Increased opportunities in 3D printing through surface analysis
Hi there, Amogh Vedantha Krishna, recent PhD in Manufacturing Technology. You completed your PhD in December. Can you tell us a bit about your research?
“In short, it’s about additive manufacturing (AM), often known as 3D printing. The technique has developed a lot over the past years and is a well-used alternative when producing plastic and metal parts for a range of different products. However, there is still a great need for improving surface quality in order for 3D printing to replace conventional manufacturing techniques. With that said, my PhD thesis presents diverse research findings for surface improvement in additive manufacturing. The findings from this research can be utilised as a guideline for AM users who are looking to optimise the process through surface analysis.”
How can society benefit from your research?
“AM has several sustainability advantages – customisation, reduced energy consumption, less wastages, reduced tooling, inventory storage, low carbon footprints, faster time to market, and so on. The technology can also be utilised in the medical and dental sectors and for consumer goods, making it very beneficial not only for society, but for the environment as well.”
You were admitted as a PhD student at Chalmers University at the same time that you were employed at Halmstad University and carried out your research studies here. Can you tell us more about that?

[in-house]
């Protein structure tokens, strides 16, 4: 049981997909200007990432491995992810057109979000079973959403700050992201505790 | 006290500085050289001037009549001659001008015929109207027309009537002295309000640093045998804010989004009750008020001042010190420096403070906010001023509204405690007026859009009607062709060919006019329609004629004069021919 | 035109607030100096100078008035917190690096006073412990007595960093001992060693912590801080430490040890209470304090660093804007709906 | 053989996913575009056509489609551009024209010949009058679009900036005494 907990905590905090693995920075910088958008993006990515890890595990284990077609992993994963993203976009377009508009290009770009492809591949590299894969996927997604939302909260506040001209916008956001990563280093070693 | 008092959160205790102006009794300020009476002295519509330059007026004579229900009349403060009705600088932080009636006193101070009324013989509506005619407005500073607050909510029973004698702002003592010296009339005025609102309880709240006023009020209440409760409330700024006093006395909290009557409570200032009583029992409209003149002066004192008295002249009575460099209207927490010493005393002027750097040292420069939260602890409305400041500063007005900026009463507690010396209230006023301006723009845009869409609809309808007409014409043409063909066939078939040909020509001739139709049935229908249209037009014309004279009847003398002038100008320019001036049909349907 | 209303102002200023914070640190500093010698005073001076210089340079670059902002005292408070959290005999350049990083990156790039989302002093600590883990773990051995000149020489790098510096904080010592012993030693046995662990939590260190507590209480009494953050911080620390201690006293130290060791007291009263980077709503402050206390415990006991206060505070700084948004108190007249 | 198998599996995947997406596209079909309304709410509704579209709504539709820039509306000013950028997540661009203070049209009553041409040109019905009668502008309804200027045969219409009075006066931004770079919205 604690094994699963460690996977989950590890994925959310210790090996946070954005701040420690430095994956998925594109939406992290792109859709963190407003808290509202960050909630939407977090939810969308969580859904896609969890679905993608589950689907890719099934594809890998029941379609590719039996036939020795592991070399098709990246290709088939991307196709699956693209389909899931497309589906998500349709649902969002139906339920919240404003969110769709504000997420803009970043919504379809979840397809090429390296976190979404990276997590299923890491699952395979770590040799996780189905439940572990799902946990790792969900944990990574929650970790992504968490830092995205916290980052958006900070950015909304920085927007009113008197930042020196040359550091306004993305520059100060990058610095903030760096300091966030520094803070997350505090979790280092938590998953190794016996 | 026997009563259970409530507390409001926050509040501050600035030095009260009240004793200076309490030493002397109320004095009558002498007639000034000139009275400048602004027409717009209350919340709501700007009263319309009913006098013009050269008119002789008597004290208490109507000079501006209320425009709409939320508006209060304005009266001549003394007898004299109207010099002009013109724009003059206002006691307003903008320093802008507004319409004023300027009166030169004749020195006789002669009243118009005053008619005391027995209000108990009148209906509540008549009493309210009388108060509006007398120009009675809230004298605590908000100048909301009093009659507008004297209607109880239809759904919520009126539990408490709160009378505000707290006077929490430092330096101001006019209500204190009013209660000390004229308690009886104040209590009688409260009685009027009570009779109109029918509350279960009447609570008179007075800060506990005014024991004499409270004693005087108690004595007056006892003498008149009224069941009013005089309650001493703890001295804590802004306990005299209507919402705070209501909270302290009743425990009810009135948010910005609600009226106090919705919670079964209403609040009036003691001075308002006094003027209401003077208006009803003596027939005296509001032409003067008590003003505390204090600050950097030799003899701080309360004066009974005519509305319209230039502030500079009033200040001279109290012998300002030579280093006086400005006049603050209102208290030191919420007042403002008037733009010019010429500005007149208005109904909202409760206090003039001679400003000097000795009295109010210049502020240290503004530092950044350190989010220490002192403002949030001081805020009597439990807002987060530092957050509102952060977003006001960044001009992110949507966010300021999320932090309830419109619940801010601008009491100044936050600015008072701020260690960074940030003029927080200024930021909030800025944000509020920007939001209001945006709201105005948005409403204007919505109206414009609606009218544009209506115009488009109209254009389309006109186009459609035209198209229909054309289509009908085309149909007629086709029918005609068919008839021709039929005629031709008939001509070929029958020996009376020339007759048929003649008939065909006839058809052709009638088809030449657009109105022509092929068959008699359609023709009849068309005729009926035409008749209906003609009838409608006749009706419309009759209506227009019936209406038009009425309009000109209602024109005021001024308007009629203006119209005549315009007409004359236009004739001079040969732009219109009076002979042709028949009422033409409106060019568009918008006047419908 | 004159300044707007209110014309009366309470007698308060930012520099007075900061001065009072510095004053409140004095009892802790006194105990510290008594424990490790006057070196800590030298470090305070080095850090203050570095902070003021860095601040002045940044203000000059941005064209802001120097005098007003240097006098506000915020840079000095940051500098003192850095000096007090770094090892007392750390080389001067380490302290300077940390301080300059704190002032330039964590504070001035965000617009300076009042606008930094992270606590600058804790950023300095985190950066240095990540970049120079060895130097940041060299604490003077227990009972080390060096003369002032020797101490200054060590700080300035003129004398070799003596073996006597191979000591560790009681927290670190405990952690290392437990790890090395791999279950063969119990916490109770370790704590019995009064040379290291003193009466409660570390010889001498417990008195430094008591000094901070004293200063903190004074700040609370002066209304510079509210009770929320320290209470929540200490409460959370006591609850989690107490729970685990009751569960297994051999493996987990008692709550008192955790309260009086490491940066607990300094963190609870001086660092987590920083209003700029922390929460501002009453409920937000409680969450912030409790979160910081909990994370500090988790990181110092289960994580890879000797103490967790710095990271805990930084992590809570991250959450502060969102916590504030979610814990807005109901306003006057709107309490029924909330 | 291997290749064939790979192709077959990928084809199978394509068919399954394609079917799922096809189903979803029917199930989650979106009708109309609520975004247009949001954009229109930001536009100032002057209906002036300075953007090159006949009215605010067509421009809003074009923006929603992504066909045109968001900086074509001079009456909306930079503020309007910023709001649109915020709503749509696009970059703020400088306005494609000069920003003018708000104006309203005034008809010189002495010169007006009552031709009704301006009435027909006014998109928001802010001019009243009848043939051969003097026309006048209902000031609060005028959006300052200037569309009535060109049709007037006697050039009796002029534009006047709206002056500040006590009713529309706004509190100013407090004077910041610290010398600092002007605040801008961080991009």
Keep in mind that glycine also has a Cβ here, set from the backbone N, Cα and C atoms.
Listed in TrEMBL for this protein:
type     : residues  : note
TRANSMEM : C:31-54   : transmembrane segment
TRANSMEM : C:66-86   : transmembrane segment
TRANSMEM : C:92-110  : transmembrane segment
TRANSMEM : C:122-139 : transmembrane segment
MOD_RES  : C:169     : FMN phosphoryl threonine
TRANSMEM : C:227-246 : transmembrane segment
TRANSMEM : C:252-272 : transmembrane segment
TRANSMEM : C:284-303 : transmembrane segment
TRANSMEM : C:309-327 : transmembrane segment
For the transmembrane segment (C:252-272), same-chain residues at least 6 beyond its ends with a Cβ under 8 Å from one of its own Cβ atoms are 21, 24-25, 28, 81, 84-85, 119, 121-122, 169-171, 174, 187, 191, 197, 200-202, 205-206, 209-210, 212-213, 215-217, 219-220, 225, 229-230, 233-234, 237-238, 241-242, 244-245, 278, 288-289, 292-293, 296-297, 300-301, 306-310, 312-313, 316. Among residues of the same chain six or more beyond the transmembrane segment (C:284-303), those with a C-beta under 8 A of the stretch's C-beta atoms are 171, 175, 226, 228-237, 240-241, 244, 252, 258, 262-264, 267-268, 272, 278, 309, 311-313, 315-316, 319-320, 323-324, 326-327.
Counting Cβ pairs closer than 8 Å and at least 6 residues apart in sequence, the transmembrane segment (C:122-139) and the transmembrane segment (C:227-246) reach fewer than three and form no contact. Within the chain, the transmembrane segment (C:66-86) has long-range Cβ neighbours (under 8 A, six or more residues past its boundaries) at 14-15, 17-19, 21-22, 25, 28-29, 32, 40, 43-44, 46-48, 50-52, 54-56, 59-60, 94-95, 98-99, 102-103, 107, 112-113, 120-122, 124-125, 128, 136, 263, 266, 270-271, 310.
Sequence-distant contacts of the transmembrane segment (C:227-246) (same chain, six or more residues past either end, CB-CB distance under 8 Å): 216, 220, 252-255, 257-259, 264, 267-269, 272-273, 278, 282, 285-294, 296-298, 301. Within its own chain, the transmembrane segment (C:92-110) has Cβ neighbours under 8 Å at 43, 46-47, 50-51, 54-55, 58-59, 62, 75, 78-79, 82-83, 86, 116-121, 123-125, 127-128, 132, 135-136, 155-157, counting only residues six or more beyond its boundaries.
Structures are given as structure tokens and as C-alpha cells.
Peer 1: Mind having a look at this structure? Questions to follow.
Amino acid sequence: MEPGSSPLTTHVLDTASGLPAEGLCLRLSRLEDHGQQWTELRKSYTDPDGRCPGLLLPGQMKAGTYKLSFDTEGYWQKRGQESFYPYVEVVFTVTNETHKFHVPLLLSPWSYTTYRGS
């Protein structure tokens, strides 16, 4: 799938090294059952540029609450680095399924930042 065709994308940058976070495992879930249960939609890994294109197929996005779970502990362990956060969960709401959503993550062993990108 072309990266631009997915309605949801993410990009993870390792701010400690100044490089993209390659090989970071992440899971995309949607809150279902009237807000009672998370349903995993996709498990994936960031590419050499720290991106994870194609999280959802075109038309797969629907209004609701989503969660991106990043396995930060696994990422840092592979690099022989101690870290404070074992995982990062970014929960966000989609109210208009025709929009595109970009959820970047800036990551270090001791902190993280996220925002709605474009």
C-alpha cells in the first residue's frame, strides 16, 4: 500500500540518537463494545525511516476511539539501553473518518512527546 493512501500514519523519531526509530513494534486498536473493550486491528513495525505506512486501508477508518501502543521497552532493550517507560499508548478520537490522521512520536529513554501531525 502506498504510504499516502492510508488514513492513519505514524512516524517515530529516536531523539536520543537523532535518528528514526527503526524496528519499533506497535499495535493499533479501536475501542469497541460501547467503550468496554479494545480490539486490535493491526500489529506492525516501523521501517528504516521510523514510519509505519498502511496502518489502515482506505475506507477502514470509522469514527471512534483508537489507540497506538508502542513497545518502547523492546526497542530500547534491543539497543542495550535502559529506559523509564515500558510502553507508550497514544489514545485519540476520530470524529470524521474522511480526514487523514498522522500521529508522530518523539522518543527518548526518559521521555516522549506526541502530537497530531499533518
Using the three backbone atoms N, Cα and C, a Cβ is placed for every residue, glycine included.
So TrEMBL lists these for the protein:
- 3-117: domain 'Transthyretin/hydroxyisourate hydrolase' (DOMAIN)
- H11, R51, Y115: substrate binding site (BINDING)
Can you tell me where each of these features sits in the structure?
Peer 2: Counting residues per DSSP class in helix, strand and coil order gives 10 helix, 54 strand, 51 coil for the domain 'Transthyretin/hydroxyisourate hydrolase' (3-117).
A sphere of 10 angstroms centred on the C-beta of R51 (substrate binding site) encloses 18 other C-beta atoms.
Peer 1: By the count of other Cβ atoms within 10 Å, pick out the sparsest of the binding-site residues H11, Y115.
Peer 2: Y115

“I started the Master's Programme in Mechanical Engineering at Halmstad University, a suitable programme based on my experience from industry and studies in mechanical engineering. While writing my master's thesis, I was offered a position as a research assistant. I worked for two years doing various projects before I got a PhD student position at Chalmers University. So I am a Chalmers PhD student, but most of my work is at Halmstad University under the supervision of Professor Bengt-Göran Rosén.”
”Additive manufacturing has several sustainability advantages – customisation, reduced energy consumption, less wastages, reduced tooling, inventory storage, low carbon footprints, faster time to market, and so on.”
Amogh Vedantha Krishna, Doctor of Philosophy in Manufacturing Technology
About the PhD Defence
The PhD defence took place on December 15, 2022, at Chalmers University.
- Opponents: Mohamed El Mansori, Professor, Ecole Nationale Supérieure d'Arts et Métiers, ParisTech, France
- Supervisors: Bengt-Göran Rosén, Professor, Halmstad University